The following are the conclusions to a speech given by Maria van der Hoeven on energy security.
Leading the way
‘I want to say a few words about resilience, climate change and the need for the US to provide global leadership. The is no longer any doubt that our energy system is contributing to climate change. Yet what goes around comes around: the changes in climate resulting in large part from our dependence on fossil fuels will threaten energy security here in the US and across the globe in the decades ahead. Increased air and water temperatures, decreased water availability and increasingly intensive and frequent storm events and sea level rise have, and will continue to, disrupt energy systems.’
‘Action must be taken now to stop making matters worse in terms of emissions and to build up the resilience of the energy system to limit the impacts and costs of climate change.’
‘When infrastructure is installed, it must be in areas that face low climate impact risks or otherwise can be made robust enough to withstand extreme events when they hit. This approach must be taken across the system so that gas, electricity and liquid fuels in particular are less likely to be disrupted by hurricanes and other extreme weather events.’
‘System resilience also improves when markets are better connected and designed. Regionally, in the US, we see good and bad examples of this, so there is more work to do. So energy security is both about addressing the impact of climate on energy and about addressing the impact of energy on climate.’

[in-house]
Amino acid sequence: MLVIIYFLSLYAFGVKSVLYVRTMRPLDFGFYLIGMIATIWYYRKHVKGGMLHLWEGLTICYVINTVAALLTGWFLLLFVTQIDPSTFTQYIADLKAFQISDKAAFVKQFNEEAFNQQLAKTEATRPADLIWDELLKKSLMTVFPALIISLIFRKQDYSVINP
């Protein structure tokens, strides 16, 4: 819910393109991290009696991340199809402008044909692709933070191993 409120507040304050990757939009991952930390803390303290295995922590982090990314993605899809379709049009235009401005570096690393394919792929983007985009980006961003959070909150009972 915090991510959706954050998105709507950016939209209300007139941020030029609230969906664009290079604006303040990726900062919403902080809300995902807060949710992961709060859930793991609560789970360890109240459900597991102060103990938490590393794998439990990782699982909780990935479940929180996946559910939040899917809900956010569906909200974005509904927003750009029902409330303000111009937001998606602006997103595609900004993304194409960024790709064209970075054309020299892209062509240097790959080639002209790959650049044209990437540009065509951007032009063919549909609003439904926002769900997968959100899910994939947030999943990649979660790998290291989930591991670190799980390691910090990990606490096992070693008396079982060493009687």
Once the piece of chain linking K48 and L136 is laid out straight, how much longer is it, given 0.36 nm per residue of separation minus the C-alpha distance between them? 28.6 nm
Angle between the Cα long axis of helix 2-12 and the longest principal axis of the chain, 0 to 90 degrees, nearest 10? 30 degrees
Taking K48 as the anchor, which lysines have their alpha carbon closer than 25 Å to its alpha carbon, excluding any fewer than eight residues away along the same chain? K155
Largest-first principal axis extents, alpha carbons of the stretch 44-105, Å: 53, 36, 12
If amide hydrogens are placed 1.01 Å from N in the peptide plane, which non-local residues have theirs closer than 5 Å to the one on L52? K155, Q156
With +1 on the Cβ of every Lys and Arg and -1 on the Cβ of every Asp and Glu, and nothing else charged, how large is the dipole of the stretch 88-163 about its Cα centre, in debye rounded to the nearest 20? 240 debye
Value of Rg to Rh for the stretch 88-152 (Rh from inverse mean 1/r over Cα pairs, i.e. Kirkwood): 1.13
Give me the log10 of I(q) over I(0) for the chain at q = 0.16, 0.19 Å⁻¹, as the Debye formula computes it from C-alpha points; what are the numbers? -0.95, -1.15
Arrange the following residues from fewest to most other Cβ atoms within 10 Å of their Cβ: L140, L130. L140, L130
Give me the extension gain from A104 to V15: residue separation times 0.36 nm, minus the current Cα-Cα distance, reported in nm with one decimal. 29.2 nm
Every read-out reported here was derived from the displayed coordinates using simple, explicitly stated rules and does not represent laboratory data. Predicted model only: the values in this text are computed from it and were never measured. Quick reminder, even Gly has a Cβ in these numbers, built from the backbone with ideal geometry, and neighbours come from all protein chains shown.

‘Every state, country and region must put in place the policies that work best based on their individual circumstances. China is doing so through five year plans. The EU is setting targets for 2030. Both include carbon pricing in the policy mix. President Obama is doing so through the Climate Action Plan, the centrepiece of which is the new proposed EPA rule on carbon emissions from existing power plants.
‘Our view is that implementing the EPA rule can be achieved without damaging economic growth and while maintaining, or even improving, energy security. Crucially, it also sends a very clear signal to the international community ahead of the make or break climate talks in Paris next year. However, it is also clear that the EPA rule alone is not compatible with minimising the global temperature rise to 2 °C. While it is a very important first step, it must be followed with further steps. The stakes are high for a meaningful deal in Paris that will set us on a 2 °C pathway. Our long term energy security depends on it.’
‘Renewables and energy efficiency may well take centre stage, but real action is required on CCS and other low carbon technologies to pave the way for oil, gas and coal to play a full role in a secure global energy system for decades to come. So, if you have investments in these sectors, the best way to protect them is to push for action.’
Adapted from speech by Claira Lloyd
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